Pitambara, Pitāmbara, Pītāmbara, Pita-ambara: 20 definitions
Pitambara means something in Hinduism, Sanskrit, the history of ancient India, Marathi, Hindi. If you want to know the exact meaning, history, etymology or English translation of this term then check out the descriptions on this page. Add your comment or reference to a book if you want to contribute to this summary article.
Alternative spellings of this word include Pitambar.
Pancaratra (worship of Nārāyaṇa)Source: SriMatham: Vaiṣṇava Iconology based on Pañcarātra Āgama
The Yellow Robe (pitāmbara):—Yellow which is the colour of the fire represents yajña or Sacrifice which is the principle activity taught in the Vedas. The Lord is known as yajña-puruṣa the One who receives all the oblations offered into the sacred fire. The act of creation is depicte d in the Vedas as a cosmic sacrifice in which the Supreme Person Himself becomes the victim, and it is from this primeval sacrifice that the cosmos has its origins. The yellow robe symbolizes fire and the principle of sacrifice which underlies all human transactions with the environment and with other beings. In order to receive we must give, obtaining one thing also requires letting go of another. This ethically managed reciprocity is the foundation of Dharma practice.
vāsaścandamayam pītam |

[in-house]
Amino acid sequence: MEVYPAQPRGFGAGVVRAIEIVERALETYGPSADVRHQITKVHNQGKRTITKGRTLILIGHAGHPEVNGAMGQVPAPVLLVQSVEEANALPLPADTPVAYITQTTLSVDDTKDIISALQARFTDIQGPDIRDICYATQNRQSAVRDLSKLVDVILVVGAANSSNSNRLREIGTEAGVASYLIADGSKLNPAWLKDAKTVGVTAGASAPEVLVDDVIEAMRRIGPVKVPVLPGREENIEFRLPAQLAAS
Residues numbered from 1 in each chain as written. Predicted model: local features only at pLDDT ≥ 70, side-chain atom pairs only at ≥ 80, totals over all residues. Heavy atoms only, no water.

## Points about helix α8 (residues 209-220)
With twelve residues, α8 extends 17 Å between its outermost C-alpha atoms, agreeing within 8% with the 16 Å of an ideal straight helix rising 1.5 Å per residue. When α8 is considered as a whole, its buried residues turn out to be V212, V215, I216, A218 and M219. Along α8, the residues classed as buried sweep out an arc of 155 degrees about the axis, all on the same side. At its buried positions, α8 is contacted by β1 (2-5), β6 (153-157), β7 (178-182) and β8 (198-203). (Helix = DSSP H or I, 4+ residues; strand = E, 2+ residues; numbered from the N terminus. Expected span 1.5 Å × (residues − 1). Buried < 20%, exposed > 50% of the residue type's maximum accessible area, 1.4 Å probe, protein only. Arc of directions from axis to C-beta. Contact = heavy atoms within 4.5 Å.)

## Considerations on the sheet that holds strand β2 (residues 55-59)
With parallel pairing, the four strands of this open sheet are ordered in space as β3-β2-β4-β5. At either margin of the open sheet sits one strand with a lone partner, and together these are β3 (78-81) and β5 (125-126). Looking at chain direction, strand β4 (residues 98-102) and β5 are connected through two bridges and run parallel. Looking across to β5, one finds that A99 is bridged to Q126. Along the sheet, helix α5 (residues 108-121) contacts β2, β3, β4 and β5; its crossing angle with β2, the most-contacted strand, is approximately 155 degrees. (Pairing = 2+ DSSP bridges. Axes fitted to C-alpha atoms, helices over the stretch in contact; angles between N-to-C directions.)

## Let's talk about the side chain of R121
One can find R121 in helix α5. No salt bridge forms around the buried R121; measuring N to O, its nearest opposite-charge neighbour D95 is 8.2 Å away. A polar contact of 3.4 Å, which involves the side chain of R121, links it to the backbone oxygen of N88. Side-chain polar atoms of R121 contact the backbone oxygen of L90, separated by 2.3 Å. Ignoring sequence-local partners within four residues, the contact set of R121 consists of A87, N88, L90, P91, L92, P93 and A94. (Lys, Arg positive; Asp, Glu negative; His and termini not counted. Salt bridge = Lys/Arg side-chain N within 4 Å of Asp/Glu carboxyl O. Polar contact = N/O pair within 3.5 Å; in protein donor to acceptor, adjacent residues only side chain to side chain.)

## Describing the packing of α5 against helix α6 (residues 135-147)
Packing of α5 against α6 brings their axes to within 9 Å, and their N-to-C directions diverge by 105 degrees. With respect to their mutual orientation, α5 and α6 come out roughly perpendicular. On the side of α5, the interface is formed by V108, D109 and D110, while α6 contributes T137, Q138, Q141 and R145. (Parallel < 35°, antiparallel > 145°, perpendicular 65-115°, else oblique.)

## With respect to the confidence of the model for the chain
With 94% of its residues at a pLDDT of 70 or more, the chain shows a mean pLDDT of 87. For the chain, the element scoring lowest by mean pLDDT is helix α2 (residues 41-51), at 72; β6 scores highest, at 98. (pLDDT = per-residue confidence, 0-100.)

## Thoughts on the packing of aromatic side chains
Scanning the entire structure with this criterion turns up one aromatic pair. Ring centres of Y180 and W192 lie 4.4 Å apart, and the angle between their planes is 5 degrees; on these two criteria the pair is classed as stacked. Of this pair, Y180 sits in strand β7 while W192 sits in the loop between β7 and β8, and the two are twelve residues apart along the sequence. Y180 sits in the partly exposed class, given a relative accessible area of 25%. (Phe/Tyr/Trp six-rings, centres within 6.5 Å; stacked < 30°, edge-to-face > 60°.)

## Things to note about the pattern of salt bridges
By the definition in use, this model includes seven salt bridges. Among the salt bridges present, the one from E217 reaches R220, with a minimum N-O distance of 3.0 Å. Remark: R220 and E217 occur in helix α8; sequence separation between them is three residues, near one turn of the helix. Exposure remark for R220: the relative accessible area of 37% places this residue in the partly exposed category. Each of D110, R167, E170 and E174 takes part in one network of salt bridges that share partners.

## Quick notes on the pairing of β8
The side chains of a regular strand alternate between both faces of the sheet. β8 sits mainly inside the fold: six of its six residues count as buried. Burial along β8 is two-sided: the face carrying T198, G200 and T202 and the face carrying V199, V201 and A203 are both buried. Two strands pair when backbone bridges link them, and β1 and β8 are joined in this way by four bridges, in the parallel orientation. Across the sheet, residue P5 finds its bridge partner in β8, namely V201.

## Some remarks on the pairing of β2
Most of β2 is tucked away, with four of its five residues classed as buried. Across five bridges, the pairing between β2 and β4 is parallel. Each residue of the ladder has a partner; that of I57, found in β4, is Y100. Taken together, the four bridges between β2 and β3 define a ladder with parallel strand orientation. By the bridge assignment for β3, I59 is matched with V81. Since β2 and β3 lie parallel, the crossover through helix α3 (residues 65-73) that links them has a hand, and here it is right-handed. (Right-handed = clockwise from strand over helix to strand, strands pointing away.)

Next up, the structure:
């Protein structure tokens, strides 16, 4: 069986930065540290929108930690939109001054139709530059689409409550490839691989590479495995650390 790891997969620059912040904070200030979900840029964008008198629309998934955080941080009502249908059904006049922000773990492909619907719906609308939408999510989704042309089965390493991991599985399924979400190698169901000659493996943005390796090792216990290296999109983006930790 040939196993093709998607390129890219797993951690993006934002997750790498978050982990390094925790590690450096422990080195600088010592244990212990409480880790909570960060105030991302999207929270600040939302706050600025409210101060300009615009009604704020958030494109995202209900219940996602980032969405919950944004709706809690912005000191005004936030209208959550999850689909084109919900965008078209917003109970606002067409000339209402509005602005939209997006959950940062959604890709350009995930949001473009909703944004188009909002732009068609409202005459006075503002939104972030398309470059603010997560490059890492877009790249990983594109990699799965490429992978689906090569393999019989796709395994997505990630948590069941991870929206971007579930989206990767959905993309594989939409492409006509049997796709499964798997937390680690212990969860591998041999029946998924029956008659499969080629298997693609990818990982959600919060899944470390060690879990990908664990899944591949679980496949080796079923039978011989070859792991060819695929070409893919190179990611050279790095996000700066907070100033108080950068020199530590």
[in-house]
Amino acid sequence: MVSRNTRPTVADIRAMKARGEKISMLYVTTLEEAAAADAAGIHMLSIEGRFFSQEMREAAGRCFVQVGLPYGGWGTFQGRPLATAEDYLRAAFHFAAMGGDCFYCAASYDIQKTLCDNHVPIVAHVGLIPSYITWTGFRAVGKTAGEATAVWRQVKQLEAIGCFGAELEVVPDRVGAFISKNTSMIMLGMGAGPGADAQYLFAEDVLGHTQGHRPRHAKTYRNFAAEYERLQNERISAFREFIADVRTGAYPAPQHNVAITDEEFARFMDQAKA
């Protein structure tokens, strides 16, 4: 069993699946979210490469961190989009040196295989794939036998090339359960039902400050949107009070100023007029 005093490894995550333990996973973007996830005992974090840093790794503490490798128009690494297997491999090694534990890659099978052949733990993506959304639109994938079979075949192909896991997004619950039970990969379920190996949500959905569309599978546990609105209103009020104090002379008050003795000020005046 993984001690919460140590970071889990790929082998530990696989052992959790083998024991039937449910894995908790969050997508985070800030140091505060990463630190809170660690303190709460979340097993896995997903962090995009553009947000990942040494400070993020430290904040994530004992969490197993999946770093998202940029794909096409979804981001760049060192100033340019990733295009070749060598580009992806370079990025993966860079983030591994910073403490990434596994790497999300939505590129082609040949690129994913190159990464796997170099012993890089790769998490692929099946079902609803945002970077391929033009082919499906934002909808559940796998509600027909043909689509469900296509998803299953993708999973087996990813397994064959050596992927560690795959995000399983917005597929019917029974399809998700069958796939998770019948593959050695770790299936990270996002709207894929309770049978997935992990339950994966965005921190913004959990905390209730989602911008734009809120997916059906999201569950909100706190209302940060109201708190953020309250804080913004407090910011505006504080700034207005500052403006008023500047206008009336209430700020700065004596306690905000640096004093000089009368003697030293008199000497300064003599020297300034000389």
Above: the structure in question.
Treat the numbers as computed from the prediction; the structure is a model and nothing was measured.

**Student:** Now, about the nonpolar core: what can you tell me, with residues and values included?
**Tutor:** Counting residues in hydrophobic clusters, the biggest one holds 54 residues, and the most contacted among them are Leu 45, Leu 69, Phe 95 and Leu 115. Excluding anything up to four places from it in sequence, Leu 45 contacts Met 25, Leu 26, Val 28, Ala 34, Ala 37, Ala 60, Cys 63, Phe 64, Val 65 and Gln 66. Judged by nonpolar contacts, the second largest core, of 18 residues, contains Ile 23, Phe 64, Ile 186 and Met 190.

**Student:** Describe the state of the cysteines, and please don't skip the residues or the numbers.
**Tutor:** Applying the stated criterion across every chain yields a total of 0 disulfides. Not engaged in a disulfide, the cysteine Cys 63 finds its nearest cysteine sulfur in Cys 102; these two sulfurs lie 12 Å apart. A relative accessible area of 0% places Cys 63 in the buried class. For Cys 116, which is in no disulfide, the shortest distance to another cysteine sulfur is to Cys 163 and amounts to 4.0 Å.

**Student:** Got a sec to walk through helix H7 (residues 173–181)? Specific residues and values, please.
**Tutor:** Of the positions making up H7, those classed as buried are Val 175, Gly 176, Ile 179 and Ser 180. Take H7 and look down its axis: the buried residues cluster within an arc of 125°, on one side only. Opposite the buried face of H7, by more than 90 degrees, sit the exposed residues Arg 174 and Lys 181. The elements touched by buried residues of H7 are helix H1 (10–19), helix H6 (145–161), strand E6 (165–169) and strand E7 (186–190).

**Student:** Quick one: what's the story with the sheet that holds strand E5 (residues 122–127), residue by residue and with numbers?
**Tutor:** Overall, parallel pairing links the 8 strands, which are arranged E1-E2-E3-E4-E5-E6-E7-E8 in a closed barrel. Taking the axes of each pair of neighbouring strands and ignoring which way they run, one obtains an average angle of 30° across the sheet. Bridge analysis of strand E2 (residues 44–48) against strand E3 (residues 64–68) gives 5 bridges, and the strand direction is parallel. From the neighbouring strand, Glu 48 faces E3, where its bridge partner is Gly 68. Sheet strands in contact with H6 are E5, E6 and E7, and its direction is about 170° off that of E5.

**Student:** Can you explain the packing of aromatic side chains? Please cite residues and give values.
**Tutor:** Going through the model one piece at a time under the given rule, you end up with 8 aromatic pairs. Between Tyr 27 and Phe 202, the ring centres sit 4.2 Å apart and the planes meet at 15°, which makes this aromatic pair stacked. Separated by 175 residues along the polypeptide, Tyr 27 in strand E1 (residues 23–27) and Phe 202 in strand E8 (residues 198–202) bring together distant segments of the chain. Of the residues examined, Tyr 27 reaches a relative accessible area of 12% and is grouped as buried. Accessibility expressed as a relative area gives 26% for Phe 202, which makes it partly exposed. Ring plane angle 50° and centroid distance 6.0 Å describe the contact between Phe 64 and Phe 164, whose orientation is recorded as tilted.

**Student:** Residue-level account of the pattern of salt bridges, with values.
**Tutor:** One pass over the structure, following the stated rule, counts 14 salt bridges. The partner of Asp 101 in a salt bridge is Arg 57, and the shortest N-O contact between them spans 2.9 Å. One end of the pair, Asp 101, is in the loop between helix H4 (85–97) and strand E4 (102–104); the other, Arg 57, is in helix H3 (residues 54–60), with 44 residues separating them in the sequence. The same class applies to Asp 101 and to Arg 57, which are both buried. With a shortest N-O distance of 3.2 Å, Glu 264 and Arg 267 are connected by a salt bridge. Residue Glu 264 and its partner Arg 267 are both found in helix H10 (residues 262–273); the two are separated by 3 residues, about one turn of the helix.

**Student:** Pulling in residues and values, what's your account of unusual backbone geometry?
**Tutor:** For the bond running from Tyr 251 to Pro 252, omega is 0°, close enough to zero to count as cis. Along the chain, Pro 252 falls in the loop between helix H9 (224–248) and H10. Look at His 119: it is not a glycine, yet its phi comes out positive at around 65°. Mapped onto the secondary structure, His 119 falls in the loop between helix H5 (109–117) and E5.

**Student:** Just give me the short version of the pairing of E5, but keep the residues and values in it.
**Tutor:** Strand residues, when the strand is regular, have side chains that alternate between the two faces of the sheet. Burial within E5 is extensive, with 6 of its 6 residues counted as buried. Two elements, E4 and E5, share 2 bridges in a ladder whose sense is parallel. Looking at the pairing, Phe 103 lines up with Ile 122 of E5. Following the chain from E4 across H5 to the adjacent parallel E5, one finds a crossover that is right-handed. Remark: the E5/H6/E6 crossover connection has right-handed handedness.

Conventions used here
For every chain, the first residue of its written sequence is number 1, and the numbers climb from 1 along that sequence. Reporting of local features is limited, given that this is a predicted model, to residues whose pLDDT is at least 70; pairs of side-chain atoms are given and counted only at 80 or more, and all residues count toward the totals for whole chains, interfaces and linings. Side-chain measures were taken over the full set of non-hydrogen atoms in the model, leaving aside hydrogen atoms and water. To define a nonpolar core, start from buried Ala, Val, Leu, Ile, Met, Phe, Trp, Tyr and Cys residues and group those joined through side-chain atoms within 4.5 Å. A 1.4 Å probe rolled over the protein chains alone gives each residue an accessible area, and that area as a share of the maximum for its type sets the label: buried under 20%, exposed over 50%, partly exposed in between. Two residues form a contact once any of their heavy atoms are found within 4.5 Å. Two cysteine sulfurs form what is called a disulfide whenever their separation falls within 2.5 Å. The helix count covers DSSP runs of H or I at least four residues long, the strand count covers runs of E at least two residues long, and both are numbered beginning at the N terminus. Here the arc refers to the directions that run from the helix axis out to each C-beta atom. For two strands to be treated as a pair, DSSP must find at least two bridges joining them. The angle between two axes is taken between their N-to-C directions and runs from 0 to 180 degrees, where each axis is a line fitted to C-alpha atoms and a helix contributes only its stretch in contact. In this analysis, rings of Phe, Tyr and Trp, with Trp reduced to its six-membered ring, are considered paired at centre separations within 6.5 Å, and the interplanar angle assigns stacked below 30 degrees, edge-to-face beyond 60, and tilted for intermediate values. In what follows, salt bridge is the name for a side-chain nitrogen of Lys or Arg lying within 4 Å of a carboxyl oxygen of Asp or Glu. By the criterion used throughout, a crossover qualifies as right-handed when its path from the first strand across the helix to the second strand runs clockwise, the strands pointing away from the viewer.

The yellow robe represents the metres of the Vedas. (S.B. 12.11.11)
Pancaratra (पाञ्चरात्र, pāñcarātra) represents a tradition of Hinduism where Narayana is revered and worshipped. Closeley related to Vaishnavism, the Pancaratra literature includes various Agamas and tantras incorporating many Vaishnava philosophies.
Purana and Itihasa (epic history)Source: archive.org: Shiva Purana - English Translation
Pītāmbara (पीताम्बर) refers to “(wearing) yellow garments” and is used to describe Viṣṇu, according to the Śivapurāṇa 2.3.43 (“Description of Śiva’s wonderful sport”).—Accordingly, after Śiva spoke to Viṣṇu and Brahmā: “[...] In the meantime lord Viṣṇu came that way. He looked glorious and splendid, dark-blue like the fresh cloud and having four arms. He had the handsome features of numberless cupids. He wore yellow garments (pītāmbara-dhara). He was the king of heaven with eyes resembling the petals of a lotus, and looked very calm. He had Garuḍa as his vehicle. He possessed all the characteristic signs conch etc. He was bedecked in crown and other ornaments. He wore Śrīvatsa on his chest. He had an uncommon splendour that was incomprehensible. [...]”.Source: Cologne Digital Sanskrit Dictionaries: The Purana Index